A new study found that about two-thirds of the world’s population, or some 4 billion people, face severe water shortages during at least one month of every year. Half of the 4 billion are in India and China, but people in other countries, including the United States and Mexico, are also affected.

“Most water is used for food, so water scarcity primarily translates to decreasing or failing crop yields,” wrote study co-author Mesfin Mekonnen in an email to SafeBee. Mekonnena is postdoctoral researcher in the department of Water Engineering & Management at the University of Twente in the Netherlands.

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The study, which used computer modeling to generate a snapshot of monthly water availability around the globe, painted a much grimmer picture than previous research, which focused on annual assessments. The authors say annual estimates hide month-to-month variations in supply and demand and therefore underestimate shortages.

While there’s enough freshwater globally to meet current demands, it’s not necessarily available when and where it’s needed, they note.

“The increasing world population, improving living standards, changing consumption patterns, and expansion of irrigated agriculture are the main driving forces for the rising global demand for water,” write the authors.

“High water scarcity levels appear to prevail in areas with either high population density (for example, Greater London area) or the presence of much irrigated agriculture (High Plains in the United States), or both (India, eastern China, Nile delta).”

Much of the water used globally goes to agricultural irrigation, and shortages can mean crop failure, low crop yields and higher food prices.

Of course in the United States, water shortages like those caused by the drought in California lead to rationing of water used to take showers, water lawns and wash cars. In California right now, restaurants won’t serve you water unless you ask for it. In poorer countries, some people don't have enough drinking water, period.

Related: 15 Easy Ways to Conserve Water

What can we do?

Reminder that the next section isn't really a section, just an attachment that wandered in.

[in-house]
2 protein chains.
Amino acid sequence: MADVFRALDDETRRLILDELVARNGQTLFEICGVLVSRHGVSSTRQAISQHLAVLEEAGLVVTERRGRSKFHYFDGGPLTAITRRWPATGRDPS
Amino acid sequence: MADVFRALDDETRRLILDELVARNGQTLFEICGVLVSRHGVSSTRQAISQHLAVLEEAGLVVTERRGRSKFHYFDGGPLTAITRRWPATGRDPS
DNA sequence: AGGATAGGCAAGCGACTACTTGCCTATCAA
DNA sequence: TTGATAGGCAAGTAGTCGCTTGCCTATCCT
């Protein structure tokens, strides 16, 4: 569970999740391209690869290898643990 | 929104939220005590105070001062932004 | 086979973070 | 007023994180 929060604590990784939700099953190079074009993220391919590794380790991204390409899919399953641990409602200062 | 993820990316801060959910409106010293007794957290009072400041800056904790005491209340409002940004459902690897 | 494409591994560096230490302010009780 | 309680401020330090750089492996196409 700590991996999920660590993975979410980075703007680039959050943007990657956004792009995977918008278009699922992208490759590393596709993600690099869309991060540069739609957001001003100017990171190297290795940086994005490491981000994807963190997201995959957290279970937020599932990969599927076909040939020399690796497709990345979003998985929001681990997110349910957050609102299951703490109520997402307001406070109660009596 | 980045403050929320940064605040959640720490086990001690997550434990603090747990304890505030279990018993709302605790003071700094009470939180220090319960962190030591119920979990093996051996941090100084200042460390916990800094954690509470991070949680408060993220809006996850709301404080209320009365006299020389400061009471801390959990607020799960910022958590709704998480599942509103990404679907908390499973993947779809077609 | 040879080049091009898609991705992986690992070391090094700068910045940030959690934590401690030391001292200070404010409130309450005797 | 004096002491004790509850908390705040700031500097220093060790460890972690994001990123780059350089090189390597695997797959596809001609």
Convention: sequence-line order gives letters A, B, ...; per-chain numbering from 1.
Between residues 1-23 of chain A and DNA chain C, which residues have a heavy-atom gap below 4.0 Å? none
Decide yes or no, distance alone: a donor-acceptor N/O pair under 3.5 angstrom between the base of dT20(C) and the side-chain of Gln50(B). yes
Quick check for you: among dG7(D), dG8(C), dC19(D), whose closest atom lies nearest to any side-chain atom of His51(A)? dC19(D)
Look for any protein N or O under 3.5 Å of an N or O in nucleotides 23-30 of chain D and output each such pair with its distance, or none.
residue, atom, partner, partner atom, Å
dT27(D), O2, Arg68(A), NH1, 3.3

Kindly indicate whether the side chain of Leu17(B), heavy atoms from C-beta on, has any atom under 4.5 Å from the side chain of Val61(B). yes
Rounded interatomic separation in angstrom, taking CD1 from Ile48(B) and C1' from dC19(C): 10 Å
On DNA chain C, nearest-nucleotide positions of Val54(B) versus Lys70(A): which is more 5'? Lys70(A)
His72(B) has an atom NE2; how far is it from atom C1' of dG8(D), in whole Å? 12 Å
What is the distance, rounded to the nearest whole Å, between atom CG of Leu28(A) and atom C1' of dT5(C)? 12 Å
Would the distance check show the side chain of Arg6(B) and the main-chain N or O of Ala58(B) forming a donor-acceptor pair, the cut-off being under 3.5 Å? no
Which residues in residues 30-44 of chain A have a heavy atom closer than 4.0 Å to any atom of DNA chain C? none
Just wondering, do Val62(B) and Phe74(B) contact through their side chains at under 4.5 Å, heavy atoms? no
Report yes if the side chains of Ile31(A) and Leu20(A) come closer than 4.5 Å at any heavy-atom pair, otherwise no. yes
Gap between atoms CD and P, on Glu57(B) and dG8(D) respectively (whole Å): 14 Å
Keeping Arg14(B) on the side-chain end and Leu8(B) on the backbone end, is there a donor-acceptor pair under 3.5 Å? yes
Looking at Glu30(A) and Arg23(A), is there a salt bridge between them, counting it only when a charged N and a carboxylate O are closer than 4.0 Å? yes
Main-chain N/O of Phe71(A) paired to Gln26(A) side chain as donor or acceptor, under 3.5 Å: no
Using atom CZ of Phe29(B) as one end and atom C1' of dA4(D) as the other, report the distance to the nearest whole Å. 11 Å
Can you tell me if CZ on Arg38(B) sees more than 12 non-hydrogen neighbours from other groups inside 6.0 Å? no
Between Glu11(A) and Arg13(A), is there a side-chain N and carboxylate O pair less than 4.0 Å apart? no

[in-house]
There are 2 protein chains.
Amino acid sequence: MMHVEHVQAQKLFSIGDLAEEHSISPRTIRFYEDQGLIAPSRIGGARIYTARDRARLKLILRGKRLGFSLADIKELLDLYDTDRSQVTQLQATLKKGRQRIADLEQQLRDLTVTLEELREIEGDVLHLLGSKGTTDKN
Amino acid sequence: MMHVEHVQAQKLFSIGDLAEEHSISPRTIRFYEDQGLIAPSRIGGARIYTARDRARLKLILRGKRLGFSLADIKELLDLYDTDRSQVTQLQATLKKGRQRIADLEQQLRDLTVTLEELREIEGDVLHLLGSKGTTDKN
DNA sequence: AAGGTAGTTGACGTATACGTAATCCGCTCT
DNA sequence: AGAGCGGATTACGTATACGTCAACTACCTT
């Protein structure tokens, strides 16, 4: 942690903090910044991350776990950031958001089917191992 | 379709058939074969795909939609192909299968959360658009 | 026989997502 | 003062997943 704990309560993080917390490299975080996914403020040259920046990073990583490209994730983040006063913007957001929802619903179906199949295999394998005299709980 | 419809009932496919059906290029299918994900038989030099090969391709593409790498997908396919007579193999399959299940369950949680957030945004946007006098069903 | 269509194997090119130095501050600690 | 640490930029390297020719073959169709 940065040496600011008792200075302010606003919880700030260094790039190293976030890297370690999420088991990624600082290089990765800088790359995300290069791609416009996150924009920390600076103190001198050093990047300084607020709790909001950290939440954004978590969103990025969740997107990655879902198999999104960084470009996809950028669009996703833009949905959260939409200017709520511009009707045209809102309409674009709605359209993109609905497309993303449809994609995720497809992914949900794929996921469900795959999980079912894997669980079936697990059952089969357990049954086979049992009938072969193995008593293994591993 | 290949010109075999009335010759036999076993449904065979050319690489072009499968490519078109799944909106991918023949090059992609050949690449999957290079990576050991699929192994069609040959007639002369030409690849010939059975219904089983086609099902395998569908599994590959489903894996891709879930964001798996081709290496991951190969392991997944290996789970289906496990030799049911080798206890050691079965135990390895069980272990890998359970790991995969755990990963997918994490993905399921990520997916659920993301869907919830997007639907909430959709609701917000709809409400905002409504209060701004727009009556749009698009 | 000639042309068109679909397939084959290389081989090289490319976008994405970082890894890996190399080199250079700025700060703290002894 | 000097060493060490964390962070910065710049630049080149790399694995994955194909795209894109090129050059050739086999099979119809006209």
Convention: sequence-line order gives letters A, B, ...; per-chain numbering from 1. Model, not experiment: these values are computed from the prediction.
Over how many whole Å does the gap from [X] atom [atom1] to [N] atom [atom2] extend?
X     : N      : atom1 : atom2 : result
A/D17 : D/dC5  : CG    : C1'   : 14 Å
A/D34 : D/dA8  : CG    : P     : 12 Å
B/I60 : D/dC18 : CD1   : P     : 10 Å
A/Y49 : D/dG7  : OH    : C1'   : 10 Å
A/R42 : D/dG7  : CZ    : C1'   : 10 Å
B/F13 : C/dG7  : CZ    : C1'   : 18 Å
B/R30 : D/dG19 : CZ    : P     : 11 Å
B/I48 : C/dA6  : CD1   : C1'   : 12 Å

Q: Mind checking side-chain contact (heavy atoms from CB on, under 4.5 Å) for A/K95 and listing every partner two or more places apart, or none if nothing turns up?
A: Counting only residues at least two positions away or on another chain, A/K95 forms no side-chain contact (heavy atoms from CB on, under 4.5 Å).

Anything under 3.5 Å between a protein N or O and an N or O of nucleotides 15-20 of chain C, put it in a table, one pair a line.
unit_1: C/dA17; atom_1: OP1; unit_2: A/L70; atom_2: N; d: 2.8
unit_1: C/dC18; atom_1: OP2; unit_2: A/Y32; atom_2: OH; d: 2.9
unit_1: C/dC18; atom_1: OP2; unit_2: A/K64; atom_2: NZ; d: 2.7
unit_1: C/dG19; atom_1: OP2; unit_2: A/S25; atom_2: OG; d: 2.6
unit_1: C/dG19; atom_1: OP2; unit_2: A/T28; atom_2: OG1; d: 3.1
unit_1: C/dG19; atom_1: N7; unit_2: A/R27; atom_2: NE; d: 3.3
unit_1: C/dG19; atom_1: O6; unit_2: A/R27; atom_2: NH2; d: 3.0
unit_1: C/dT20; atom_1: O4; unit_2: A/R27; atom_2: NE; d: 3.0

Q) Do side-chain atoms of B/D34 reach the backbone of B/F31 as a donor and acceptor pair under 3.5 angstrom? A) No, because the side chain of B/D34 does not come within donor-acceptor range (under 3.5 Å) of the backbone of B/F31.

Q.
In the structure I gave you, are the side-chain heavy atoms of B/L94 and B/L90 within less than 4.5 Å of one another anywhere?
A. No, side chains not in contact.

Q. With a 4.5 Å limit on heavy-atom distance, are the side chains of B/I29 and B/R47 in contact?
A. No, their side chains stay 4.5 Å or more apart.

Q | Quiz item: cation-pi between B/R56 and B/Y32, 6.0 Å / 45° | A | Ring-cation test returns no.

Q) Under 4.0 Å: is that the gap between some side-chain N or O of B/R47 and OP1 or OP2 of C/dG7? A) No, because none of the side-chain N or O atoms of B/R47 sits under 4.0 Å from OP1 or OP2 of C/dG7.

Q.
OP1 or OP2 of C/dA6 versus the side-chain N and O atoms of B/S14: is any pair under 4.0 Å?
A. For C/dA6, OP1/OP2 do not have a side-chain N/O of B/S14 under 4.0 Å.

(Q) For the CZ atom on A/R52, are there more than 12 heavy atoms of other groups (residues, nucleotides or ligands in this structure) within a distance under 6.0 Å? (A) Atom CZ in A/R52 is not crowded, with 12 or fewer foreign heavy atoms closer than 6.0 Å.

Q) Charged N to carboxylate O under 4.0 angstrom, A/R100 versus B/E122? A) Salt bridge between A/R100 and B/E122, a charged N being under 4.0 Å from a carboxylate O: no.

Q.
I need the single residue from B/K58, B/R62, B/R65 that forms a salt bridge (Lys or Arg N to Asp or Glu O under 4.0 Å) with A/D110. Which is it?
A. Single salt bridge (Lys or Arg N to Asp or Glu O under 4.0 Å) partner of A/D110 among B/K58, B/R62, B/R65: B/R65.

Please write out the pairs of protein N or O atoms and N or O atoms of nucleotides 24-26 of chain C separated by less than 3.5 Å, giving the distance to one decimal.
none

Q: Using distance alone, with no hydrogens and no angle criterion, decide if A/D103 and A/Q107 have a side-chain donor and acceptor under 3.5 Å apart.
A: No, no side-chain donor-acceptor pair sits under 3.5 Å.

“We need to act to address the problem,” Mekonnen told SafeBee. “Governments, business and average individuals have a part to play in this regard.

"I wish a real discussion [would] start on how to manage water sustainably. In most parts of the world, water is underpriced, and few people realize most of the water they use is not in the house when they take a shower and water their garden."

But it's not showering or gardening that uses up the most water. "Most of the water an individual consumes comes indirectly through the food we consume — from far-away places. We need to be aware of our consumption pattern and ask how the product is produced — through sustainable agriculture or by drawing down the groundwater?”

When asked if there is one thing average individuals can do to help conserve water, Mekonnen answered, “Yes, consume less animal product. Select the food which requires less water to produce — for example a cup of coffee requires 140 litre compared to 35 litre for a cup of tea. 1 kg of beef requires on average 15000 litre of water. So the decision we make in consuming one or the other has an effect on the water use far away from home.”

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Marianne has been producing content that informs and inspires for more than 20 years, with a deep focus on bringing readers accurate, actionable advice and helping them live healthier, safer lives. Before launching SafeBee, she was executive editor of Sharecare, the health website and social network. Previously, she developed more than two dozen illustrated consumer health books for Reader’s Digest. Her writing has appeared in numerous outlets including Arthritis Today and WebMD. Her favorite safety tip: Know the purpose of every medication you take and under what circumstances you can stop taking it.